Hi, I’m Bruce Landsberg and welcome to the Leading Edge. We’ll discuss safety-of-flight issues, procedures, techniques, and judgment. With the convective nature of Internet misinformation, and so much content that is over weight and out of balance, you need an experienced and trusted source. So, strap in and let’s go fly!

Anti-gravity and upward spirals

January 19, 2016 by Bruce Landsberg

Screen Shot 2016-01-19 at 3.12.28 PM“I was under complete control and landing was assured. Everything was perfect when the ground just sucked us down and smashed up the aircraft”—go figure. Or, “The clouds just sort of enveloped us and before we knew it the earth was spiraling upward”—go figure. It couldn’t possibly be because the aircraft stalled or you flew VFR into instrument conditions, could it? Nahhh—the real problem was the anti-gravity supply was too low and we’ll need to get that checked.

Loss of Control (LOC) makes up about 30 to 40 percent of fatal general aviation (GA) accidents—an average of two per week! The NTSB has listed it (again) on their 2016 Most Wanted List. The rationalizations are endless but humans, especially pilots, are really good at fabricating them. It might be possible to crash while under control, but we could muse on that a bit. So why do more pilots and their passengers leave life prematurely from LOC accidents? My two favorite dangerous attributes are complacency and distraction. We might also throw lack of skill into the mix.

Complacency is all too common—and since everybody is above average (not really, since this isn’t Lake Wobegon) we think it won’t happen to us! Have you ever spoken to an “average” pilot at the airport or a cocktail party? I’ve never met one, so it’s easy to see why a few of us might be a bit too comfortable with our abilities. It’s a statistic impossibility but then facts have a way with interfering with fantasy. The old bromide of recurrent training is actually a pretty good elixir.

Distraction/Multi-tasking—no problem either: “I’m really good at that!” The facts say otherwise: Stalls cannot happen if we’re minding the store. That’s why there are so few accidents (two percent) when actually performing stall training. Keeping the wing happy is the most important thing—especially at low altitude, as in the traffic pattern.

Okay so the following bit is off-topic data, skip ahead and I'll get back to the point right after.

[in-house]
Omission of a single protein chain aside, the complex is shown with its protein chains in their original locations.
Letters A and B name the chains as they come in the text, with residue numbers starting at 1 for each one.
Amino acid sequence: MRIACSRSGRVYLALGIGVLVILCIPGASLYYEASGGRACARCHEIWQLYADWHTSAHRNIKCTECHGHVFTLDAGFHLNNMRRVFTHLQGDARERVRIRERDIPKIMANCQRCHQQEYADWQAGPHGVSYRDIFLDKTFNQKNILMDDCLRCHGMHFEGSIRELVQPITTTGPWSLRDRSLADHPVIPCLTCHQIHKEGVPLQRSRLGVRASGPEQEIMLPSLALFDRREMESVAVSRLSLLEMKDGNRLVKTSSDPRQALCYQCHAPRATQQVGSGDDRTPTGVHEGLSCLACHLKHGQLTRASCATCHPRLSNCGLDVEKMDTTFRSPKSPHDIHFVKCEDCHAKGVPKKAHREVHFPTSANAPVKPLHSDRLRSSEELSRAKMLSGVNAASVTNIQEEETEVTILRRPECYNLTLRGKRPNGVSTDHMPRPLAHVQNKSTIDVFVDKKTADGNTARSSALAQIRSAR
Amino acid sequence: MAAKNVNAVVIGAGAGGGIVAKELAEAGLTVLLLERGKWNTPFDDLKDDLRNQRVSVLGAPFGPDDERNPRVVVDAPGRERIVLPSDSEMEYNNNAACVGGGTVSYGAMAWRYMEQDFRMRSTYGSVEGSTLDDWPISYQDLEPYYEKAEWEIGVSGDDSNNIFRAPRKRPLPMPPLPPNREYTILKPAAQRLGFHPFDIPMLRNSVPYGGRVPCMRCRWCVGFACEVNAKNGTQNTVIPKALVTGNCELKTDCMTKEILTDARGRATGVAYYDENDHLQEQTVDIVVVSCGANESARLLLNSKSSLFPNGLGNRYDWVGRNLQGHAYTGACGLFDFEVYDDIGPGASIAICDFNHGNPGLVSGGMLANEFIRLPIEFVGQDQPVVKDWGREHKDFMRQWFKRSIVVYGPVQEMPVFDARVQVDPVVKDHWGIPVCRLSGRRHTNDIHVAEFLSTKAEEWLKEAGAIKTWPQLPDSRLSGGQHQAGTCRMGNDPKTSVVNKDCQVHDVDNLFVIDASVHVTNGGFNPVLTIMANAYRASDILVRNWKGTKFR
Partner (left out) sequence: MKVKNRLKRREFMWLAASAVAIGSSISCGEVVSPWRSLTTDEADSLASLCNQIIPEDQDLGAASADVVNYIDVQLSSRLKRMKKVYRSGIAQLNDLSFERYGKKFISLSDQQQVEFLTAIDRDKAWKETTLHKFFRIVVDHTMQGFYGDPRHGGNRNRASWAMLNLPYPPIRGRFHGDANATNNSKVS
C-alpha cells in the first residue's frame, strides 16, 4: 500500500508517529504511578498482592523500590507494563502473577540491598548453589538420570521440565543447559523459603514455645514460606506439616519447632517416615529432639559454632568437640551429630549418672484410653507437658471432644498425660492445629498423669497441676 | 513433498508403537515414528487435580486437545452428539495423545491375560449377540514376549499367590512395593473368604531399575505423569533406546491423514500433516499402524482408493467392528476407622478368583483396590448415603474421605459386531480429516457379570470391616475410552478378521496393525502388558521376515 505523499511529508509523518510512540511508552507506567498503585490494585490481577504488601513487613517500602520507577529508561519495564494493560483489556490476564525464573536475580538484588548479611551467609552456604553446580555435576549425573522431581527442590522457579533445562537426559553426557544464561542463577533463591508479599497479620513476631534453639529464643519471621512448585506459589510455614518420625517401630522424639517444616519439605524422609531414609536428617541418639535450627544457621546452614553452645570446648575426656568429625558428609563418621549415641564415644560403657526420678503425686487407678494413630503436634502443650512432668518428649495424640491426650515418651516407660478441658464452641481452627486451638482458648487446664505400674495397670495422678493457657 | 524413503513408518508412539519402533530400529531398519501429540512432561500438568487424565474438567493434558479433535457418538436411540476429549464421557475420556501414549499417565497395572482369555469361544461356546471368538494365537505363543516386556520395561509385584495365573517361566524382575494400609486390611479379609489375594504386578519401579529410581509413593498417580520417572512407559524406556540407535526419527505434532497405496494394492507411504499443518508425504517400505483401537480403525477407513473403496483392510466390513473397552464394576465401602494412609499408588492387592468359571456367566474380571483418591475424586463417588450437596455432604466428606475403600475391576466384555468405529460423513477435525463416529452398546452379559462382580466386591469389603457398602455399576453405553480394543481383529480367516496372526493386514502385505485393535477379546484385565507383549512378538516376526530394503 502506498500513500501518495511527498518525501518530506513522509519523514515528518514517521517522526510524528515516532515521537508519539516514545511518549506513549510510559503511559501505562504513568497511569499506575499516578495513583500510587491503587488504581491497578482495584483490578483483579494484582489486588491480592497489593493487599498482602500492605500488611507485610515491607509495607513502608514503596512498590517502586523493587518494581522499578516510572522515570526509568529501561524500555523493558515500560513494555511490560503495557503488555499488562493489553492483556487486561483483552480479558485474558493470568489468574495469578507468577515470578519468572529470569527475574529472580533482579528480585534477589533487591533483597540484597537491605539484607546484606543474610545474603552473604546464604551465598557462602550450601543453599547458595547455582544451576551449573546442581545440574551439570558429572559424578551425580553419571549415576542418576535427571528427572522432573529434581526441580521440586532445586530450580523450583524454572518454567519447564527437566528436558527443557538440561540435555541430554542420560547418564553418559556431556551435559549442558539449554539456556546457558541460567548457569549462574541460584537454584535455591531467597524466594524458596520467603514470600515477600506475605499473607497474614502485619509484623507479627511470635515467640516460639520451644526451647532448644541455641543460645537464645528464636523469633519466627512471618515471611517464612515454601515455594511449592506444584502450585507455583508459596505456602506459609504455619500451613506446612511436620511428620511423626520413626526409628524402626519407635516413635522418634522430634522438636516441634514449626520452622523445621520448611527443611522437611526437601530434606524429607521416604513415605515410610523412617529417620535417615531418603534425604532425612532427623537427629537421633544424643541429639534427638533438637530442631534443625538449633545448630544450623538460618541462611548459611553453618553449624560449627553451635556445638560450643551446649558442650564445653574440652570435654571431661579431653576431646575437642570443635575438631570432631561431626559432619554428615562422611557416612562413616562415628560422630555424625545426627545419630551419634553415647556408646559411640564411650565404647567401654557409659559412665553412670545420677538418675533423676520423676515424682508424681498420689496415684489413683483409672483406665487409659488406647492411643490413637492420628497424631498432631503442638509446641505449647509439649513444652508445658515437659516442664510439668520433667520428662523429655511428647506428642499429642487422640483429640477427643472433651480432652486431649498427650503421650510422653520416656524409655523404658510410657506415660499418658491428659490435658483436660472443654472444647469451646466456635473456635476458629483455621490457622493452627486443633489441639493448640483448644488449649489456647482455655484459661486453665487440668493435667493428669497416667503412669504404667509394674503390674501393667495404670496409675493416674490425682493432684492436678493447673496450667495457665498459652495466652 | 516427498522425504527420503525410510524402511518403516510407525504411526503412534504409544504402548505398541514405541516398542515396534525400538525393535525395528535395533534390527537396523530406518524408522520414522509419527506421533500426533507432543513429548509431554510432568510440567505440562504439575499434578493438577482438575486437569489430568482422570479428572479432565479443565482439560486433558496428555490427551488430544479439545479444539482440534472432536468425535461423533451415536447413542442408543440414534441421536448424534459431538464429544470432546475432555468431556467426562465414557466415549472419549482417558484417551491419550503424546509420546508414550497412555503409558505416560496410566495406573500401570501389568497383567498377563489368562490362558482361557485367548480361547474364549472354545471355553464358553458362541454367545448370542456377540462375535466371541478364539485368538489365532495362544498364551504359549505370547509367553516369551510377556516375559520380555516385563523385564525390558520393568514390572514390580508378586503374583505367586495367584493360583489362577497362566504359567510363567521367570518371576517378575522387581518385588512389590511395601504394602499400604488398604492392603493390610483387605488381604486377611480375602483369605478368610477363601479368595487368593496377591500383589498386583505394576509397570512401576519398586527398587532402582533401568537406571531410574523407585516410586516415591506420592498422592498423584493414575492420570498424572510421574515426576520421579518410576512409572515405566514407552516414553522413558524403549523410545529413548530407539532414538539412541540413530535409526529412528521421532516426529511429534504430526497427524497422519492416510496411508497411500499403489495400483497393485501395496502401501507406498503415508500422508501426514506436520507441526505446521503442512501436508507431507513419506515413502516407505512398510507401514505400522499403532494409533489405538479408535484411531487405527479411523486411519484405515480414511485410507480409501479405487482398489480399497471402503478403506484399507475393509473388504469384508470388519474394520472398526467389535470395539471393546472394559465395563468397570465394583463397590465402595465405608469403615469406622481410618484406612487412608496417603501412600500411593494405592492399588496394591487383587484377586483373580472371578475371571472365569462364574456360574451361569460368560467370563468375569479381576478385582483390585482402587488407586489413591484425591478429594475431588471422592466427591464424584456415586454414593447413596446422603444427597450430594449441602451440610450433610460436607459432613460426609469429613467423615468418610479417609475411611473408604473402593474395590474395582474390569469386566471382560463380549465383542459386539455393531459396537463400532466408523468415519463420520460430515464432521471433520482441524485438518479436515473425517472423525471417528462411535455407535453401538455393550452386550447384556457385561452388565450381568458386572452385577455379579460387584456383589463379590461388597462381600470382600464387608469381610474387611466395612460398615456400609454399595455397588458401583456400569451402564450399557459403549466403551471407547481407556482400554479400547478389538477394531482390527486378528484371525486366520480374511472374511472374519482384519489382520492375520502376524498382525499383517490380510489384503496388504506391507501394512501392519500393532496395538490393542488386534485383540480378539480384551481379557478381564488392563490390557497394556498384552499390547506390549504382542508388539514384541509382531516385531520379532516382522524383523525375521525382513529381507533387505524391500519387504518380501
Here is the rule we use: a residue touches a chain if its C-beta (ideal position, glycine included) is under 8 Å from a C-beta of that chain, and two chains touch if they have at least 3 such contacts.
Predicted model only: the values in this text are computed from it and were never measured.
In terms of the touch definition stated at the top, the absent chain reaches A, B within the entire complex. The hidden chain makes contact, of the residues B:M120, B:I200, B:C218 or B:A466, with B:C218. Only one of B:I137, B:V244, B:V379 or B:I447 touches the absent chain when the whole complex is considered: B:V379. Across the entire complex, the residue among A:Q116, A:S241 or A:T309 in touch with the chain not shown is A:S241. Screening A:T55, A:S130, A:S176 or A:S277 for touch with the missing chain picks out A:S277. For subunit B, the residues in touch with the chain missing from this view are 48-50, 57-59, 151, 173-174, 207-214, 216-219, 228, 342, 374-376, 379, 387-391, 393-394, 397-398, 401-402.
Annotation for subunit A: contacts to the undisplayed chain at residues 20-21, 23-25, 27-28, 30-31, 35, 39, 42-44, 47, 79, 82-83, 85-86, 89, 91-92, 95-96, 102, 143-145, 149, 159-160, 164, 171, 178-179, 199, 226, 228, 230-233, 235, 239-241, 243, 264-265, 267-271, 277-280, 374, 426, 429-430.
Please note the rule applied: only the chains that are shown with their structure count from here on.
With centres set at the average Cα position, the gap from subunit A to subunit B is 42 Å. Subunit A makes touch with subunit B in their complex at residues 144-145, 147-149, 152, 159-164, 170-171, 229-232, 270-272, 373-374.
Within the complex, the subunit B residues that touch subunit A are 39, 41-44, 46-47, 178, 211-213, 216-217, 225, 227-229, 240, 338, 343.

Fly a decent pattern—take into account what the wind is doing and be especially cognizant of tailwinds on base leg. That often leads to an overshoot on final and a cross-control stall. Fly a wider pattern (but no more than needed), limit bank angle to 30 degrees, keep the ball where it’s supposed to be, and let the aircraft lose altitude in the turns—it’s so simple. Perhaps, there is another aircraft in front of you or there’s radio chatter, but job one is maintaining good airflow. Alignment and energy management are important. But airflow is number one, because without that nothing else matters.

If, despite your best efforts, something just isn’t working, give it up. Persistence is a virtue in many of life’s pursuits but flying isn’t one of them—go around! Don’t like to admit defeat? Let’s just call it a “low pass.” (Politicians never lose a race—they just come in second for the silver medal.) Clouds becoming a problem? Call it a weather diversion or delay. The airlines do it all the time! If anyone ever makes a negative remark about your going-around or delaying a flight due to weather send them to me—we’ll talk!

If you’re as tired of reading about it as we are of writing about it, let’s do something about it. Pay attention to the feeding of the wing during traffic pattern ops—that means both on takeoffs and landings—and stay out of clouds if you’re not trained and proficient to be in them. Those two simple fixes would reduce the fatal GA accident count by 30 to 40 percent. If you’re a little foggy (sorry) about either of these areas the AOPA Air Safety Institute has safety spotlights on both—Takeoffs and Landings and VFR into IMC.

Forget about multi-tasking and don’t believe all your own press releases on how good you might be. And please, if you find a good place to stock up on anti-gravity let me know— we all could use a bit more of it.

Bruce Landsberg,
Senior Safety Advisor, Air Safety Institute

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The ‘aircraft’ has decided we’re NOT flying today!

December 21, 2015 by Bruce Landsberg

A350XWB_cockpit_Apr09_hrIn a scene eerily reminiscent of the movie, 2001—A Space Odyssey, a brand new Airbus 350 apparently decided, on its own, to reject a takeoff about 30 seconds into the roll. You may recall in the movie that an “omnipotent” computer went whacko, yet claimed infallibility. (Of course, some of our fellow humans have been known to behave similarly.) But—is there any applicability to light aircraft?

Qatar Airways had planned a special flight from JFK airport in New York, to Doha in the State of Qatar, with about 35 journalists and VIPs aboard. The new Bus—equipped with a tail-mounted, forward-facing camera—allowed everyone to watch the takeoff and the subsequent abort.